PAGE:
The beginning of the year hasn't been pretty for many apparel retailers. The effects of a long winter have meant that customers held off on making spring purchases, leaving companies with excess inventory and low comparable sales. Of four major teen retailers, one stands out as leading the pack through the thick of winter.
Lagging behind it, other retailers are still figuring out what they can do with all their leftover goods. Some didn't even make it that far and got stuck with falling sales because of a lack of inventory. Here's a rundown of four big names in teen apparel, and my choice for the pick of the litter.
Starting at the bottom of the pile
The two companies that didn't even make it out of the starting blocks are Aeropostale and Abercrombie & Fitch . Both companies saw comparable sales fall more than 10%, with Abercrombie racking up a 15% decrease while Aeropostale fell 14%. Aeropostale said sales were extra sluggish through March but that there was a pickup in April, once the weather started to turn warmer.
Abercrombie was also hit by bad weather, but more important, it had inventory problems. The company estimated that 10 of 15 points of its comparable-sales decline were attributable to a lack of inventory. Abercrombie got its spring lineup late in the season, because of delays with the product, and as a result lost out on valuable sales time.
Looking toward the bottom line, Abercrombie at least managed to eke out a higher gross margin, with a spring shortage resulting in less need for promotion to clear excess inventory. The company was also comparing against high cotton costs in 2012, which affected the price of products. Aeropostale had significant gross margin compression, because of promotional activity, which management sees stretching into the next quarter as well.
Fighting for relevance
Leaving the laggards behind, American Eagle tried to have a good quarter but was let down. The company had a 5% decline in comparable sales and managed to keep margins healthy. While management did point its finger at weather, overall, American Eagle was able to keep its head above water.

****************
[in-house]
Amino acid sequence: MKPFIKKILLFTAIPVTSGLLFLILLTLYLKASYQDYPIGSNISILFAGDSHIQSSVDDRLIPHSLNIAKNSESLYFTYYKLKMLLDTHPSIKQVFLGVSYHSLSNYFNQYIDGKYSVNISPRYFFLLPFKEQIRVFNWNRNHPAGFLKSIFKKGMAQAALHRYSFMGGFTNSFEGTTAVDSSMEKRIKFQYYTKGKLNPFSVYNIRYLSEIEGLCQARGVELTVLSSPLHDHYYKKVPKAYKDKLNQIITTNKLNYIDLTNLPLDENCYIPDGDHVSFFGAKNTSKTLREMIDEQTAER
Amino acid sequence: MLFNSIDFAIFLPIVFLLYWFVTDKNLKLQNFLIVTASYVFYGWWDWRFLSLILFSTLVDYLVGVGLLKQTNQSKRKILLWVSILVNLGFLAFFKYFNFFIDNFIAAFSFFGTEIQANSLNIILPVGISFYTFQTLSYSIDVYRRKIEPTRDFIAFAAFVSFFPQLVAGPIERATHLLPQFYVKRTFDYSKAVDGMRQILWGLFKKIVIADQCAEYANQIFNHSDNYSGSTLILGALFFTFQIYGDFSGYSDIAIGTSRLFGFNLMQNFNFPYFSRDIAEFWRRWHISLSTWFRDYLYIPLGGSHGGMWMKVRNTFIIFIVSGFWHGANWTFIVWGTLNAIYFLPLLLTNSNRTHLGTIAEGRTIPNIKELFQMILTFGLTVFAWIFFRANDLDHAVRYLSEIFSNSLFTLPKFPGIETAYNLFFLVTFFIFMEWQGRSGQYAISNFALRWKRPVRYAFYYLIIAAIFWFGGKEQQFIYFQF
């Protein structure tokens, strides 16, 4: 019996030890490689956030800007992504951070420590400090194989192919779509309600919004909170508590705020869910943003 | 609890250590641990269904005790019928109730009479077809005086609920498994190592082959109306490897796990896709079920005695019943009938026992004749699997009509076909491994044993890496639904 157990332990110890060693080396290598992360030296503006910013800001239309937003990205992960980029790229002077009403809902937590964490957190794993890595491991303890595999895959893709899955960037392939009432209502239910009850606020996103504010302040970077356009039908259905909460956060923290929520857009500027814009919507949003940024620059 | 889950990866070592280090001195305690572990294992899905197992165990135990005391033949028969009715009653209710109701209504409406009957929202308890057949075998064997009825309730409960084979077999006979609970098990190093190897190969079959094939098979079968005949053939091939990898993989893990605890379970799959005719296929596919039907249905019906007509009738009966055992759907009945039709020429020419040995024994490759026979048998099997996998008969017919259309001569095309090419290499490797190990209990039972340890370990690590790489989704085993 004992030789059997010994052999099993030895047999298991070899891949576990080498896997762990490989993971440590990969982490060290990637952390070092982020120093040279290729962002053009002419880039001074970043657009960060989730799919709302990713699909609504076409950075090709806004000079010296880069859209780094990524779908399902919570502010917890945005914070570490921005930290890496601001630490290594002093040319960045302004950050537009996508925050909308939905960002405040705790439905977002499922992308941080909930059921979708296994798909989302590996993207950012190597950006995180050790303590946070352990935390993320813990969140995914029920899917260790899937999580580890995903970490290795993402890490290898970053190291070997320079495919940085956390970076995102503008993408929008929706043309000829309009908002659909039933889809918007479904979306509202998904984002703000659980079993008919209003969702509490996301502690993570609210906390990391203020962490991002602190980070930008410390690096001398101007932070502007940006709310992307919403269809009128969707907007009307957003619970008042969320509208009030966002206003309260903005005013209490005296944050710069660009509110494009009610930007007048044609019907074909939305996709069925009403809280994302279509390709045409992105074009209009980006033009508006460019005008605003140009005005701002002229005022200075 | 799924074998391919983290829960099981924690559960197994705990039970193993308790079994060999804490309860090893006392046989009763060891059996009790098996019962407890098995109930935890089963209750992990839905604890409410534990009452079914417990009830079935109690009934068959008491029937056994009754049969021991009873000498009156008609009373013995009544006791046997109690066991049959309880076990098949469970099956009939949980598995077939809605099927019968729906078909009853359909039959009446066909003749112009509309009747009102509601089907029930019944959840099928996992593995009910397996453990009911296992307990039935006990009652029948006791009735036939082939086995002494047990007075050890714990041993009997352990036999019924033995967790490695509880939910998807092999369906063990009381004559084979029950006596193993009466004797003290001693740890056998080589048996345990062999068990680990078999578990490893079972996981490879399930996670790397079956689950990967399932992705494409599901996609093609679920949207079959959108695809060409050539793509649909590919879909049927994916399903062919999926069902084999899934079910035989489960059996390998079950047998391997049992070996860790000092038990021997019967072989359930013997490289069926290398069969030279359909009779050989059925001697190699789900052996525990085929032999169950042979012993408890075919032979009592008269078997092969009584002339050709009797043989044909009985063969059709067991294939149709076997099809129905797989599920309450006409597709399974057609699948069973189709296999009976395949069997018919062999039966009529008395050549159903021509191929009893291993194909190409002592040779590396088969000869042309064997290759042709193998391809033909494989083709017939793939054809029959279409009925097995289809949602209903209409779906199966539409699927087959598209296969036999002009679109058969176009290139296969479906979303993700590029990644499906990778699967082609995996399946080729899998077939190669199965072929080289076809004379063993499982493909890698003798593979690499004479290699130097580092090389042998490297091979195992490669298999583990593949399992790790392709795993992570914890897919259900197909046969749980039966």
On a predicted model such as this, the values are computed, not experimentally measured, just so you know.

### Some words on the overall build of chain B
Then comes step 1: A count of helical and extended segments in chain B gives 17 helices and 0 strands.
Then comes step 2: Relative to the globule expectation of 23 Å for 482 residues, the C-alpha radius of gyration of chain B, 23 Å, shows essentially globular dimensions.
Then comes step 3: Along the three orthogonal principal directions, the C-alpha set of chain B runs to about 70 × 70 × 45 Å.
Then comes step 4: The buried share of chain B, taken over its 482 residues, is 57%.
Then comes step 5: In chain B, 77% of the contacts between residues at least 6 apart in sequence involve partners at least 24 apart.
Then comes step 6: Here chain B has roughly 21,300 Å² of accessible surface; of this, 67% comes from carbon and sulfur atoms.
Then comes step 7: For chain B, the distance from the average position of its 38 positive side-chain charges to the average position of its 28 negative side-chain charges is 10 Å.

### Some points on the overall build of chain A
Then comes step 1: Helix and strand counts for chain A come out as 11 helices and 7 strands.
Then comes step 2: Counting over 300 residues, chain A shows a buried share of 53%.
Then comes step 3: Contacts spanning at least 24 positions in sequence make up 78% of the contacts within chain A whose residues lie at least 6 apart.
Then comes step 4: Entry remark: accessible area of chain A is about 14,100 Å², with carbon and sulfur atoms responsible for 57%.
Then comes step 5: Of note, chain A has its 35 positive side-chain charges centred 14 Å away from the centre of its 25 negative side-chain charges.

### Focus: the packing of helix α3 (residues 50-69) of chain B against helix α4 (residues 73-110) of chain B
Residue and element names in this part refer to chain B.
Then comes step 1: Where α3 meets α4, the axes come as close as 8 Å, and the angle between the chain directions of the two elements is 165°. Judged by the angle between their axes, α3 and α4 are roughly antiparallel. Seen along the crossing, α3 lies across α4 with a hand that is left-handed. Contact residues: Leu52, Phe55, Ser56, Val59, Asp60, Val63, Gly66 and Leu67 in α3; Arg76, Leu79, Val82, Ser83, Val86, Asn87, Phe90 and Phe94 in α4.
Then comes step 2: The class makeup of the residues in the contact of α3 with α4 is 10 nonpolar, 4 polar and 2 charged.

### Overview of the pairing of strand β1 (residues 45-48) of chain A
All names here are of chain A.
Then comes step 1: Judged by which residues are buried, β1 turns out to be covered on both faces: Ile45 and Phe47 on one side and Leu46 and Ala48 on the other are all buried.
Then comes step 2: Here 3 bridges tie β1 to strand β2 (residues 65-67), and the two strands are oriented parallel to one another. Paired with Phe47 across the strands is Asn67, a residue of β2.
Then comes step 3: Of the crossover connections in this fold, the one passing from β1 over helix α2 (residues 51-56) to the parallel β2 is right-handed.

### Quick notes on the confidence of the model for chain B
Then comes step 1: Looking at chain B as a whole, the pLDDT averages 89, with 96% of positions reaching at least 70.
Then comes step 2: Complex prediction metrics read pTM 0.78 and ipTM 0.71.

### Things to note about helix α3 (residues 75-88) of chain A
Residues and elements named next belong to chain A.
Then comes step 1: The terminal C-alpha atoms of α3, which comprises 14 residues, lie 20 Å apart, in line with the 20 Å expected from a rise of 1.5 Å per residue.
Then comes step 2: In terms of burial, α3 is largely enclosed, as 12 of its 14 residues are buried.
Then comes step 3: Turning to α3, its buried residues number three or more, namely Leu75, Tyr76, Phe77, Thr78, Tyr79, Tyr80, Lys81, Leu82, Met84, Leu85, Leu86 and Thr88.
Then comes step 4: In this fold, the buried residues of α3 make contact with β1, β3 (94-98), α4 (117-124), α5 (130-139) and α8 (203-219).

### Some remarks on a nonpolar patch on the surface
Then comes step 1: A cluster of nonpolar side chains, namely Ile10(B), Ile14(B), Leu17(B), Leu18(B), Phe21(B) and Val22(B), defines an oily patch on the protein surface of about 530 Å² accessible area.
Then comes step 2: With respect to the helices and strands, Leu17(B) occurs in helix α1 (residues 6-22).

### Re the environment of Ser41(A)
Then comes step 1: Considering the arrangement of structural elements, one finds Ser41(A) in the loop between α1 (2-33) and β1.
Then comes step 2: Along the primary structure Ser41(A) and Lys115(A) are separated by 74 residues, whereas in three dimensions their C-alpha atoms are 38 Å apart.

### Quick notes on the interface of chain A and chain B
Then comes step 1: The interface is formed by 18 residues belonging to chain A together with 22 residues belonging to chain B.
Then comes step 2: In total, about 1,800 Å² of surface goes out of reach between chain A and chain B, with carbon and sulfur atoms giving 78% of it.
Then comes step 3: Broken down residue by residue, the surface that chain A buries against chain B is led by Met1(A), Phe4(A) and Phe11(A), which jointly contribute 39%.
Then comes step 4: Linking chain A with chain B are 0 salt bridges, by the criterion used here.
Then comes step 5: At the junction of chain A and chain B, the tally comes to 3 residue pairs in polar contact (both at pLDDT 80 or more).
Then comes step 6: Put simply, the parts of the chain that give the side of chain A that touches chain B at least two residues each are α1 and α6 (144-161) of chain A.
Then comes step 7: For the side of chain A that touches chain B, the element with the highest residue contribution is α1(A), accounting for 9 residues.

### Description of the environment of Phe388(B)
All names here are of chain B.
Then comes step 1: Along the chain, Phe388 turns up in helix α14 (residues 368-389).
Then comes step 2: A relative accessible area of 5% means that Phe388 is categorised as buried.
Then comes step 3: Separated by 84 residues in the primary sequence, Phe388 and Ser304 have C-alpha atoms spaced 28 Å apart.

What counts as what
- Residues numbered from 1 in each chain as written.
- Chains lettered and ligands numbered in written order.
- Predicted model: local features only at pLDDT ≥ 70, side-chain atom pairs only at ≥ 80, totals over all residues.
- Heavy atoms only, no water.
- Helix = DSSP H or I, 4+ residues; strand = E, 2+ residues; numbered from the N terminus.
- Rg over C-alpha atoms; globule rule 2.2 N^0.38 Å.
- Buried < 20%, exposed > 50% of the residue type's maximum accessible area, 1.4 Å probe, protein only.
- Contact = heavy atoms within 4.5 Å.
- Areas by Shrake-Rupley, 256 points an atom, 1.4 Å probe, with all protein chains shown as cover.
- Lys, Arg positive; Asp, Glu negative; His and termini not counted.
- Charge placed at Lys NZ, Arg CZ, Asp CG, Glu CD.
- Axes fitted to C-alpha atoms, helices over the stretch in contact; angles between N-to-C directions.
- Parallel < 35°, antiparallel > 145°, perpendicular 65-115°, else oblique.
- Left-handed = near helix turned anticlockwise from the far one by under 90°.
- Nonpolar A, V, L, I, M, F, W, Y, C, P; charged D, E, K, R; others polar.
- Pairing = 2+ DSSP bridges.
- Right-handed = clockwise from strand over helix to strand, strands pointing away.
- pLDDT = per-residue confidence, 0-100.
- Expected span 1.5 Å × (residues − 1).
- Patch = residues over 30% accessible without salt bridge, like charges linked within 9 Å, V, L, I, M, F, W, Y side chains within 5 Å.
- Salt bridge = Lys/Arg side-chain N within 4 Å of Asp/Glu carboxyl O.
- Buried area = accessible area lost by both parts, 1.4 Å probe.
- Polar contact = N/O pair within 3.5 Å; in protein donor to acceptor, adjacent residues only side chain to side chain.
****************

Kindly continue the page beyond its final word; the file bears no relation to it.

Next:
The problem for the retailer is that this is becoming standard operating procedure. American Eagle had a 17% increase in comparable sales last year, but it lost momentum somewhere along the way. The management team at American Eagle seems unwilling to push the envelope and really embrace fashion. Instead, the company continues to rely on basics and core products to drive the business. As a result, other retailers are walking away with sales to the fashion-forward.
Sitting pretty at the top -- for now
The winner of 2013's first quarter has to be Urban Outfitters . The company has been on a tear over the past 12 months, with the stock more than doubling the return of the S&P 500. This last quarter was no exception. Comparable sales were up 9%, and gross margin improved because of strength at its Anthropologie brand.
Urban Outfitters has managed to hold on to the fickle fashion sense of the young for the past year, at least. The company's three main brands -- Urban Outfitters, Anthropologie, and Free People -- all had positive sales results. Now the company is looking to use its strength to expand its overseas locations while adding new stores in underrepresented areas. One of last things to watch for at Urban Outfitters is the growth of the direct channel.
In the first quarter, direct-to-customer sales increased by double digits in all brands, and the company is going to sink extra resources into that side of the business this year, to keep up that trend. With the combination of strong sales and strong margins, Urban Outfitters is the clear winner of the teen-apparel war -- but there's always next quarter.
Meanwhile, another retailer battles on ...
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The article Which Retailer Is Winning This War? originally appeared on Fool.com.Fool contributor Andrew Marder and The Motley Fool have no position in any of the stocks mentioned. Try any of our Foolish newsletter services free for 30 days. We Fools don't all hold the same opinions, but we all believe that considering a diverse range of insights makes us better investors. The Motley Fool has a disclosure policy.